Nooses and Hate Signs Removed From Mississippi State Capitol on Eve of Heated Senate Runoff

November 27, 2018 Updated: November 27, 2018

Nooses were found hanging from trees and hate signs posted on the lawn of the Mississippi State Capitol building, on the eve of a U.S. Senate runoff election that has focused attention on the state’s troubled history of race relations.

The nooses and signs were removed after being reported to the Capitol Police.

Officials with the Mississippi Department of Public Safety posted photos of the signs on social media and called on the public to help identify the perpetrators.

Chuck McIntosh, a spokesman for the Mississippi Department of Finance and Administration, which oversees the Capitol, said the nooses and signs were found starting shortly before 8 a.m. Monday, Nov. 26, outside the Capitol in downtown Jackson.

In the early hours of Monday morning, authorities believe several suspects were responsible for posting the signs shown…

تم النشر بواسطة ‏‎Mississippi Department of Public Safety (Official)‎‏ في الإثنين، ٢٦ نوفمبر ٢٠١٨


“The perpetrators of this act will be identified and prosecuted to the fullest extent of the law,” Mississippi Gov. Phil Bryant said in a statement released on Monday. “I have contacted the Department of Public Safety and the Federal Bureau of Investigation for assistance.”

Republican Lt. Gov. Tate Reeves, who has an office in the Capitol, called the placement of the nooses and signs a “reprehensible” act and said he would “support the resources necessary to find those responsible.”

The matter is under investigation by the Mississippi Department of Public Safety, Mississippi Capitol Police, and the U.S. Attorney’s Office.

“With our law enforcement partners, we are actively looking into these acts of hate and intimidation,” U.S. Attorney Mike Hurst said in a statement. “Let me be perfectly clear—there is absolutely no place in our state for these unacceptable symbols or tactics to intimidate others. If we find evidence beyond a reasonable doubt that a federal crime has occurred, these criminals will be swiftly prosecuted.”

Hurst added, “Let us all respond to these despicable acts by voting, working, raising our families, practicing our faith, and pursuing the American dream here in our great state without fear or trepidation and in harmony with our fellow citizens.”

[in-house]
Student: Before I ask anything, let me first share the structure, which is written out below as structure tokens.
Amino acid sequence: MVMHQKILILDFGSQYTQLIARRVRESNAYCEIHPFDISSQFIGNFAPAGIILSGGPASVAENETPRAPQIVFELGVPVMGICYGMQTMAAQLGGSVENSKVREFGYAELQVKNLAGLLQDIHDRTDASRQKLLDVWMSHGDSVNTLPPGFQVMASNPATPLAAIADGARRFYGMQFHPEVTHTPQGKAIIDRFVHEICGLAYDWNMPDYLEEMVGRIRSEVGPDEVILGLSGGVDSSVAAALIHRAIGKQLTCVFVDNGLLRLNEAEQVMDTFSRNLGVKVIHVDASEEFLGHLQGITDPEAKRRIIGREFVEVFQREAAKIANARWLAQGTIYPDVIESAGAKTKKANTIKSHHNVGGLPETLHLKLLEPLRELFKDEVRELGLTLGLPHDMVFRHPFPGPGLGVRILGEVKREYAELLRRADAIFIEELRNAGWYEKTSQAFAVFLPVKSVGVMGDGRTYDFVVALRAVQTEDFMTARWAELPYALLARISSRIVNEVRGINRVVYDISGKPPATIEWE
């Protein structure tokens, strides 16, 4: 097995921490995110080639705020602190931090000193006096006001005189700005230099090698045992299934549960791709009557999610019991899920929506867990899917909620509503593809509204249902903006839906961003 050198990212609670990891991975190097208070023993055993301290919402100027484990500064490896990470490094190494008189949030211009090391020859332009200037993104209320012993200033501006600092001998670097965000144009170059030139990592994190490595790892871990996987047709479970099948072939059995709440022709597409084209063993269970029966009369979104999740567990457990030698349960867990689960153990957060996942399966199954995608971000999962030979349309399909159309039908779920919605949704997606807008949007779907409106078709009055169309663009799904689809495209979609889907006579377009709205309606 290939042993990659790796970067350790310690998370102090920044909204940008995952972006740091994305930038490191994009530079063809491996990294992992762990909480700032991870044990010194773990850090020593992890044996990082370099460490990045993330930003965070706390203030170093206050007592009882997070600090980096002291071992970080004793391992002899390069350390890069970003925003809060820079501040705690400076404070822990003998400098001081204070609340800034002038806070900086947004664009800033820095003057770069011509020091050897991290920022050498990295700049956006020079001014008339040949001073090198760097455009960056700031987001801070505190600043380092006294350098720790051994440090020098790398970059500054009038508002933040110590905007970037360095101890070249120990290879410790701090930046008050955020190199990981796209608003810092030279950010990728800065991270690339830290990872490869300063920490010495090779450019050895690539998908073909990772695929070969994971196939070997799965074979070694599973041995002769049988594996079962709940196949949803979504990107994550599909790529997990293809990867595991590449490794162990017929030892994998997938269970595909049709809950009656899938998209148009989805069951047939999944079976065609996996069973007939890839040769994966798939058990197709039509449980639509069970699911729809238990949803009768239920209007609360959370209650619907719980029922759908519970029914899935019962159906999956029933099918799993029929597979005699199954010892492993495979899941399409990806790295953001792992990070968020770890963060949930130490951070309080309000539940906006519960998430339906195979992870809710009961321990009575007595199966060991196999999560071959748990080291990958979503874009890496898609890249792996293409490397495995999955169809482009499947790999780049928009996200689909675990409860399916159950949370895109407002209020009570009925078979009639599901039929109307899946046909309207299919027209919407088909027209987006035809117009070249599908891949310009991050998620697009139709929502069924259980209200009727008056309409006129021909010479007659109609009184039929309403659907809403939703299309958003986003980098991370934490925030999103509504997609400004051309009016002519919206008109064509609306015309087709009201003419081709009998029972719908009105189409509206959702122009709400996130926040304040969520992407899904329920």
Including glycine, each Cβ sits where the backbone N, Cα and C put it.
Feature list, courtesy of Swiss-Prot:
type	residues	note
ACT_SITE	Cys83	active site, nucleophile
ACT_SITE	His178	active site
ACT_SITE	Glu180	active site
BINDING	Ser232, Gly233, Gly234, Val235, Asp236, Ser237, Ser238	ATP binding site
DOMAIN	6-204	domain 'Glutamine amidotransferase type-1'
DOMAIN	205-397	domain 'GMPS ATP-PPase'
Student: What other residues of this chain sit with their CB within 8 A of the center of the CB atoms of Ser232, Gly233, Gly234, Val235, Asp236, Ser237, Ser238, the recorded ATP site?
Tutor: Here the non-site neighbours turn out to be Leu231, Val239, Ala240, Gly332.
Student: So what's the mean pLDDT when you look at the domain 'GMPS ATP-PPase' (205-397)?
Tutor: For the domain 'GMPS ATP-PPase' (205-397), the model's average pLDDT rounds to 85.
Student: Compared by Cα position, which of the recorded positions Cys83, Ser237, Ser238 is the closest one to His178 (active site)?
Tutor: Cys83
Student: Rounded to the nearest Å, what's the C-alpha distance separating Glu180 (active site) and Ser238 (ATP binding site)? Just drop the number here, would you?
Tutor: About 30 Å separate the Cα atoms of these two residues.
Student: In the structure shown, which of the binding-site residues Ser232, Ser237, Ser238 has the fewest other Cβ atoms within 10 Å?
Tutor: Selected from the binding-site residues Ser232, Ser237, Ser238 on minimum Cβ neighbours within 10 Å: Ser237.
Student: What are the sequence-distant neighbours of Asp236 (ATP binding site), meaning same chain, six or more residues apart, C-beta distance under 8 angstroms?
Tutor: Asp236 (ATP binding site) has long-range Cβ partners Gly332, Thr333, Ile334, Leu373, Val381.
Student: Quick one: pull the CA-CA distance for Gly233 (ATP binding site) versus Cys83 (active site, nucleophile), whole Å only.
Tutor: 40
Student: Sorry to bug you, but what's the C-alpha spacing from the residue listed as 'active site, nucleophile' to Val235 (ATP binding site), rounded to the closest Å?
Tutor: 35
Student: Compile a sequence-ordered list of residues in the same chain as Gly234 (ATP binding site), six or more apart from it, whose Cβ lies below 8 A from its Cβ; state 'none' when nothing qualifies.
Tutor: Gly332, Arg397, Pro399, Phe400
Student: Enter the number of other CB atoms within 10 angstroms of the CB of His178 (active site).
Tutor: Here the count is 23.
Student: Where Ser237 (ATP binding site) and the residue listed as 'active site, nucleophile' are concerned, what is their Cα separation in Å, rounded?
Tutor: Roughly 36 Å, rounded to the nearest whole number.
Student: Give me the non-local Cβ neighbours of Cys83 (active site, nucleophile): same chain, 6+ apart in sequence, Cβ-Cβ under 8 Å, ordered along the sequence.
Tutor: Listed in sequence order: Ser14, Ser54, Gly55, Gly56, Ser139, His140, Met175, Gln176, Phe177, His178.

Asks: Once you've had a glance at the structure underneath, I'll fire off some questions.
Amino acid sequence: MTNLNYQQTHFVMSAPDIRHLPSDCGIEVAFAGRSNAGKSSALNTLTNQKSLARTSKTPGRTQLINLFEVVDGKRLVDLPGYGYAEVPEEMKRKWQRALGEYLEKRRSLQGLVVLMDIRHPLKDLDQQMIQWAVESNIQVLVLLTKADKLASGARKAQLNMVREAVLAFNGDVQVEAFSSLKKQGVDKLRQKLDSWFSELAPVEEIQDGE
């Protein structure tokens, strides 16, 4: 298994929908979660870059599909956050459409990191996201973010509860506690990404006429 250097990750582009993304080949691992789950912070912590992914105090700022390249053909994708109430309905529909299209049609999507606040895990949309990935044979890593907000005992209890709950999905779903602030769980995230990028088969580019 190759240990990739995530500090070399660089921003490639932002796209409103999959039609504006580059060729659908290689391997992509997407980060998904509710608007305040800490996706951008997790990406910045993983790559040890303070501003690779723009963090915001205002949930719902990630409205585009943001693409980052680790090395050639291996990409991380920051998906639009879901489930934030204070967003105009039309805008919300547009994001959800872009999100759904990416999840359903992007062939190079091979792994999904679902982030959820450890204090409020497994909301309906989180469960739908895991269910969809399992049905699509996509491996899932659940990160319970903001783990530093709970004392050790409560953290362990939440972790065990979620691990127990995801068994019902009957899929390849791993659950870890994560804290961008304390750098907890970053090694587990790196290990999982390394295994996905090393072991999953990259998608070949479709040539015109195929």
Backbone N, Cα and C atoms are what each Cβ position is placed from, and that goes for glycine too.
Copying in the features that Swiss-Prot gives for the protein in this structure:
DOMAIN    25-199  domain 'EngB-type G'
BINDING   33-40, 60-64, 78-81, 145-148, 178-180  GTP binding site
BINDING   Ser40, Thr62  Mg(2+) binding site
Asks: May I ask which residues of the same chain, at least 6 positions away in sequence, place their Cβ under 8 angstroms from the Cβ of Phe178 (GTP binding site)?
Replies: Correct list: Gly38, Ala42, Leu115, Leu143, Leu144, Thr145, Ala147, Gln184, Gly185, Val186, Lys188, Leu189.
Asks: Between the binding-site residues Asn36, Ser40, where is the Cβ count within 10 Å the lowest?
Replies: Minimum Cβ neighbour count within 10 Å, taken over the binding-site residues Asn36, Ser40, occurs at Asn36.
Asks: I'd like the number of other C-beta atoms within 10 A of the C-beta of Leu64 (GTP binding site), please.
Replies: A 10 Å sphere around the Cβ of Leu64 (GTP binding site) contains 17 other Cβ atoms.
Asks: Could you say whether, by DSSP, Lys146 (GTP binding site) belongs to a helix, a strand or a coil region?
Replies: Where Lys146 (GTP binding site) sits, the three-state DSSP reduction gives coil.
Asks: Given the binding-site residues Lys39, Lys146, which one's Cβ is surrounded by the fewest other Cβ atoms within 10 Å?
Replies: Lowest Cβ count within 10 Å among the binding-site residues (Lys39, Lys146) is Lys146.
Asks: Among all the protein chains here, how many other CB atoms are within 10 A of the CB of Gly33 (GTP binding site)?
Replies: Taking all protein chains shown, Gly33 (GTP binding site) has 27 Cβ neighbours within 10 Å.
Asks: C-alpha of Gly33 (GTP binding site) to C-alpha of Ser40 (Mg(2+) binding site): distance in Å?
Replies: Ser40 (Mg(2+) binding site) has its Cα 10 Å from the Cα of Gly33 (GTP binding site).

The Runoff

The nooses and signs, referring to Mississippi’s history of lynchings and racial violence, were found one day before the runoff between Republican Cindy Hyde-Smith and Democrat Mike Espy.

Hyde-Smith has drawn fire for a photo showing her wearing a replica hat of a Confederate soldier, and a video showing her praising a supporter by saying, “If he invited me to a public hanging, I’d be on the front row.” She said the hanging remark was an “exaggerated expression of regard” for the supporter and apologized “to anyone that was offended,” adding that there was “no ill will, no intent whatsoever” in her remarks. Hyde-Smith said the comment had been twisted and turned into “a political weapon used for nothing but personal and political gain by my opponent.”

Espy, meanwhile, said on Monday he knew nothing about the nooses or signs, and added it would be “unfair” to make any connection between the items and Hyde-Smith. An election victory would see Espy become the first African-American U.S. senator from Mississippi since Reconstruction.

Hyde-Smith campaign spokeswoman Melissa Scallan condemned the nooses by saying, “Obviously, this behavior is offensive and has no place in a civilized society.”

Bryant commented earlier on Hyde-Smith’s remarks by saying that the real issue was how abortion was creating a Black genocide. “We have been sensitive to race relations in this state,” Bryant said, Think Progress reported. “Today, I talked about the genocide of over 20 million African-American children. See, in my heart, I am confused about where the outrage is at about 20 million African-American children that have been aborted.”

President Donald Trump said he had spoken to Hyde-Smith about the lynching comment and said she felt “very badly.”

“Well, I know her and I know she apologized, and she misspoke,” Trump told reporters on Moday at the White House, according to Politico.

“I’ve known her for a period of time now as senator,” Trump told reporters Monday afternoon. “She’s been an excellent senator. She’s done a great job. She’s somebody that’s respected in the Senate.”

The Associated Press contributed to this report.

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